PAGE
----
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More important ocean areas for whales and dolphin protection identified

Scientists and observers from many different countries have identified and mapped 36 new Important Marine...

Whale meat fetches record high at Japan auction

Sei whale meat is being sold at a record high in Japan according media reports...

Rescuers find young girl’s body surrounded by dolphins

Reports from South Africa about a tragic drowning off Llandudno beach, Cape Town say that...
The Yushin Maru catcher ship of the Japanese whaling fleet injures a whale with its first harpoon attempt, and takes a further three harpoon shots before finally killing the badly injured fleeing whale. Finally they drowned the mammal beneath the harpooon deck of the ship to kill it.  Southern Ocean.  07.01.2006

Moves to overturn whaling ban rejected

Last week, the 68th meeting of the International Whaling Commission (IWC, the body that regulates...
All policy news
  • All policy news
  • Create healthy seas
  • End captivity
  • Prevent deaths in nets
  • Stop whaling
  • Strandings

Minke whale hunts stop in Iceland

Iceland’s commercial hunt of minke whales has ended for this year. The common minke whale is the...
Port River dolphins

New report reveals 100,000 dolphins and small whales hunted every year

When you hear the words ‘dolphin hunts’ it’s likely that you think of Japan or...

Doubts remain after Icelandic Marine Institute claims slaughtered whale was a hybrid not a blue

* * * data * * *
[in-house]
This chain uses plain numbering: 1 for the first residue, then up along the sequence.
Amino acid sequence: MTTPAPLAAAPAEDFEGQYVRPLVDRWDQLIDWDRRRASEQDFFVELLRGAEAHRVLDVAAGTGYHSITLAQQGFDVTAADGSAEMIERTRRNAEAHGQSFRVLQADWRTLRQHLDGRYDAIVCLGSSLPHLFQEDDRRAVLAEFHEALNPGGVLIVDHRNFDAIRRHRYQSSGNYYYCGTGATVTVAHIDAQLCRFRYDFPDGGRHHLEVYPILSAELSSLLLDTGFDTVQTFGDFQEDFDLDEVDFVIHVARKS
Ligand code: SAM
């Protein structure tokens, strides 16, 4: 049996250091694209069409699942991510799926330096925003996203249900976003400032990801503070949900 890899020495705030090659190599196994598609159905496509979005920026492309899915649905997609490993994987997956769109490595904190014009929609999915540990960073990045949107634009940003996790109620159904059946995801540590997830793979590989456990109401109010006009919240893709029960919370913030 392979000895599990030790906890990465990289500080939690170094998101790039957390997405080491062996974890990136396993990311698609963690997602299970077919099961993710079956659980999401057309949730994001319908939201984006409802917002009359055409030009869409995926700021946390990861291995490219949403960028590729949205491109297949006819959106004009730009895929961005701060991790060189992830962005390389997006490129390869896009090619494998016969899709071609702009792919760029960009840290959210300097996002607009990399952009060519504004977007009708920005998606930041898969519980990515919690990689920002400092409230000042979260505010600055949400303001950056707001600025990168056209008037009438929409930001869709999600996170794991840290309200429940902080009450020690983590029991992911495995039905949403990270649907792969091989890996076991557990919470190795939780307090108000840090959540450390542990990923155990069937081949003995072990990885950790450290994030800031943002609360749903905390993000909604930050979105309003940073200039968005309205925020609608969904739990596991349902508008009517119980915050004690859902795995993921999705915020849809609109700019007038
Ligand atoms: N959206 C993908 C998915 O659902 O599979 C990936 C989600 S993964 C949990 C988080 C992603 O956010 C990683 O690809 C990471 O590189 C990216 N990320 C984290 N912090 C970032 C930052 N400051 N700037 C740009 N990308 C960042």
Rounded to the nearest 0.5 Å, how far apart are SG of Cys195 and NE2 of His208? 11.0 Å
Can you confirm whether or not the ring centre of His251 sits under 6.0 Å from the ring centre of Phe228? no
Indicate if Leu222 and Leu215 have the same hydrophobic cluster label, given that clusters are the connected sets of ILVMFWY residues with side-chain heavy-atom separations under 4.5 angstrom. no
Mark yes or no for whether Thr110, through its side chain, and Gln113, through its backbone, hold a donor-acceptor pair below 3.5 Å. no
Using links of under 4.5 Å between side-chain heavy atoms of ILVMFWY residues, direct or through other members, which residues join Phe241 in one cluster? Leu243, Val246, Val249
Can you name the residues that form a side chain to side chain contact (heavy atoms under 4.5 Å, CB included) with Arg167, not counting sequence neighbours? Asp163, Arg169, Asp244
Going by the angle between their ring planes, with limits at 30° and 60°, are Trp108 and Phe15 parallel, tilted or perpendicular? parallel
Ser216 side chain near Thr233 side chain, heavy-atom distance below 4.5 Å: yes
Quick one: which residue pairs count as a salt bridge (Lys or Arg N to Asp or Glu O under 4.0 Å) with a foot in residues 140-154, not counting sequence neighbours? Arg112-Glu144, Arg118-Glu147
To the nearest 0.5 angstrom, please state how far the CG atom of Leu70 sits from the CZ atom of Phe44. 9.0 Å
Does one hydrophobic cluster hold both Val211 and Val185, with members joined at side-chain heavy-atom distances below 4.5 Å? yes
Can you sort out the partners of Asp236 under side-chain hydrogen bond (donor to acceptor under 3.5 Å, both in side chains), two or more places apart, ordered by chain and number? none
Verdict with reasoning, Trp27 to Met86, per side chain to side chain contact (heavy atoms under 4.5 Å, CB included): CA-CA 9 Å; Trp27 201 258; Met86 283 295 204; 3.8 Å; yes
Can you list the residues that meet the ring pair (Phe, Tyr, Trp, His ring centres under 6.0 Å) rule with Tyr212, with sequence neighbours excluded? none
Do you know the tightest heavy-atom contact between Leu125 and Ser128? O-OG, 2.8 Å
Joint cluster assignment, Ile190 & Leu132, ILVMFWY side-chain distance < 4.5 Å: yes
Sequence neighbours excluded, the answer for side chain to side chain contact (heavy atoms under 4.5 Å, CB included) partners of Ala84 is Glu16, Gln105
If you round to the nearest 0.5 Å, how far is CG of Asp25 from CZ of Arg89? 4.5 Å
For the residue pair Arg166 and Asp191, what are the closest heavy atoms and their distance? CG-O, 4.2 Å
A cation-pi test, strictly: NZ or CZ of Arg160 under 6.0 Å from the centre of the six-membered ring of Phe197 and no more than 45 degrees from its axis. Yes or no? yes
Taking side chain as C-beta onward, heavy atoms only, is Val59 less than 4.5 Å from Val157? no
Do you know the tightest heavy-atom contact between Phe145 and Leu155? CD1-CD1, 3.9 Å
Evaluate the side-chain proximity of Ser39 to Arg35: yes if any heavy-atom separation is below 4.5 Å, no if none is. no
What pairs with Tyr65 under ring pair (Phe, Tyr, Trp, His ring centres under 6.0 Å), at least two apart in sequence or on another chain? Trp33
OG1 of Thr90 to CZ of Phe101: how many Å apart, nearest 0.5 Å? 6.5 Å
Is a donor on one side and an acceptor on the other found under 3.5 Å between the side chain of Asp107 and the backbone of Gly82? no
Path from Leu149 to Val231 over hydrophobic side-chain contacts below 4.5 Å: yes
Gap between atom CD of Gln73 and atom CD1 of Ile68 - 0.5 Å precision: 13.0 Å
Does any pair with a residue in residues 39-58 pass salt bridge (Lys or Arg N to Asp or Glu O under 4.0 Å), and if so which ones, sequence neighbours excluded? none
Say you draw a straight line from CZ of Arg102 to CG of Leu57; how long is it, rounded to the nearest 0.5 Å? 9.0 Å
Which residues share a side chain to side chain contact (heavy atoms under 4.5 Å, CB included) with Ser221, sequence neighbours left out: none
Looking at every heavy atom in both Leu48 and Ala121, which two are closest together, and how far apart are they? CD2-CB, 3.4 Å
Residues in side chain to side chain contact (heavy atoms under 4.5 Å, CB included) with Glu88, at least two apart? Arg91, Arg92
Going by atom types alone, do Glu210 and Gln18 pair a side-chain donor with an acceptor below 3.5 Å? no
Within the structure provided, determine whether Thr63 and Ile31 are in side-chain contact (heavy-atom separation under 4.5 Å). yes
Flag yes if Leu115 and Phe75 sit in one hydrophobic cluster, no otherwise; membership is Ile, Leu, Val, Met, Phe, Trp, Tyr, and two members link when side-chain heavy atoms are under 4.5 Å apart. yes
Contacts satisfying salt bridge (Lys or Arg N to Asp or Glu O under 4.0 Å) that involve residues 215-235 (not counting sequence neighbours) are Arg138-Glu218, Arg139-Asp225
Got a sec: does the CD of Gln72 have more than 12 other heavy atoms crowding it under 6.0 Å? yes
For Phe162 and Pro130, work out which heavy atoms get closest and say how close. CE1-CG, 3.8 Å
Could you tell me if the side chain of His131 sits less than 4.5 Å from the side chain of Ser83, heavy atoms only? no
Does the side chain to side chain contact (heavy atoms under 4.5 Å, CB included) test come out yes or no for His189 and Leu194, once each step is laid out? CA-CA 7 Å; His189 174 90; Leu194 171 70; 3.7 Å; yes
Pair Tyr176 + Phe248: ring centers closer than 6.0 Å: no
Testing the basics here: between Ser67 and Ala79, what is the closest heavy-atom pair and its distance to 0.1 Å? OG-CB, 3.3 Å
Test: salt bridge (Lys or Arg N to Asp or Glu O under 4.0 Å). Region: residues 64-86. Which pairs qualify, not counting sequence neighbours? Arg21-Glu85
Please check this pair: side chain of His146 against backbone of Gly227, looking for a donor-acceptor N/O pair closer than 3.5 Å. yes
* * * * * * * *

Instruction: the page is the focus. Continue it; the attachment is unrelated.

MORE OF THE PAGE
Experts remain sceptical of initial test results issued by the Icelandic Marine Institute, which indicate...

Japan set to resume commercial whaling

Reports from Japan suggest that the government they will formally propose plans to resume commercial...

End the whale hunts! Icelandic fin whaler isolated as public mood shifts

Here’s a sight I hoped never again to witness. A boat being scrubbed and repainted...

Australian Government to block Japanese whaling proposal

Japanese Government officials have reportedly confirmed that they will propose the resumption of commercial whaling...

Pregnant whales once again a target for Japanese whalers

Figures from Japan's whaling expedition to Antarctica during the 2017/18 austral summer have revealed that...

Did Icelandic whalers really kill a blue whale?

*Warning - this blog contains an image that you may find upsetting* They say a...

Icelandic whalers breach international law and kill iconic, protected whale by mistake

Icelandic whalers out hunting fin whales for the first time in three years appear to...

Norway's whaling season begins

April 1st saw the start of the whaling season in Norway. Despite a widely-accepted international moratorium...

Norway increases whaling quota despite declining demand

Norway's government has announced an increase in the number of minke whales that can be...

Icelandic fin whale hunting to resume

Iceland’s only fin whaling company, Hvalur hf,  announced today that it will resume fin whaling...

Japanese parliament considers resumption of commercial whale hunting

Today, the Japanese parliament will consider moves by the government to resume commercial whale hunting.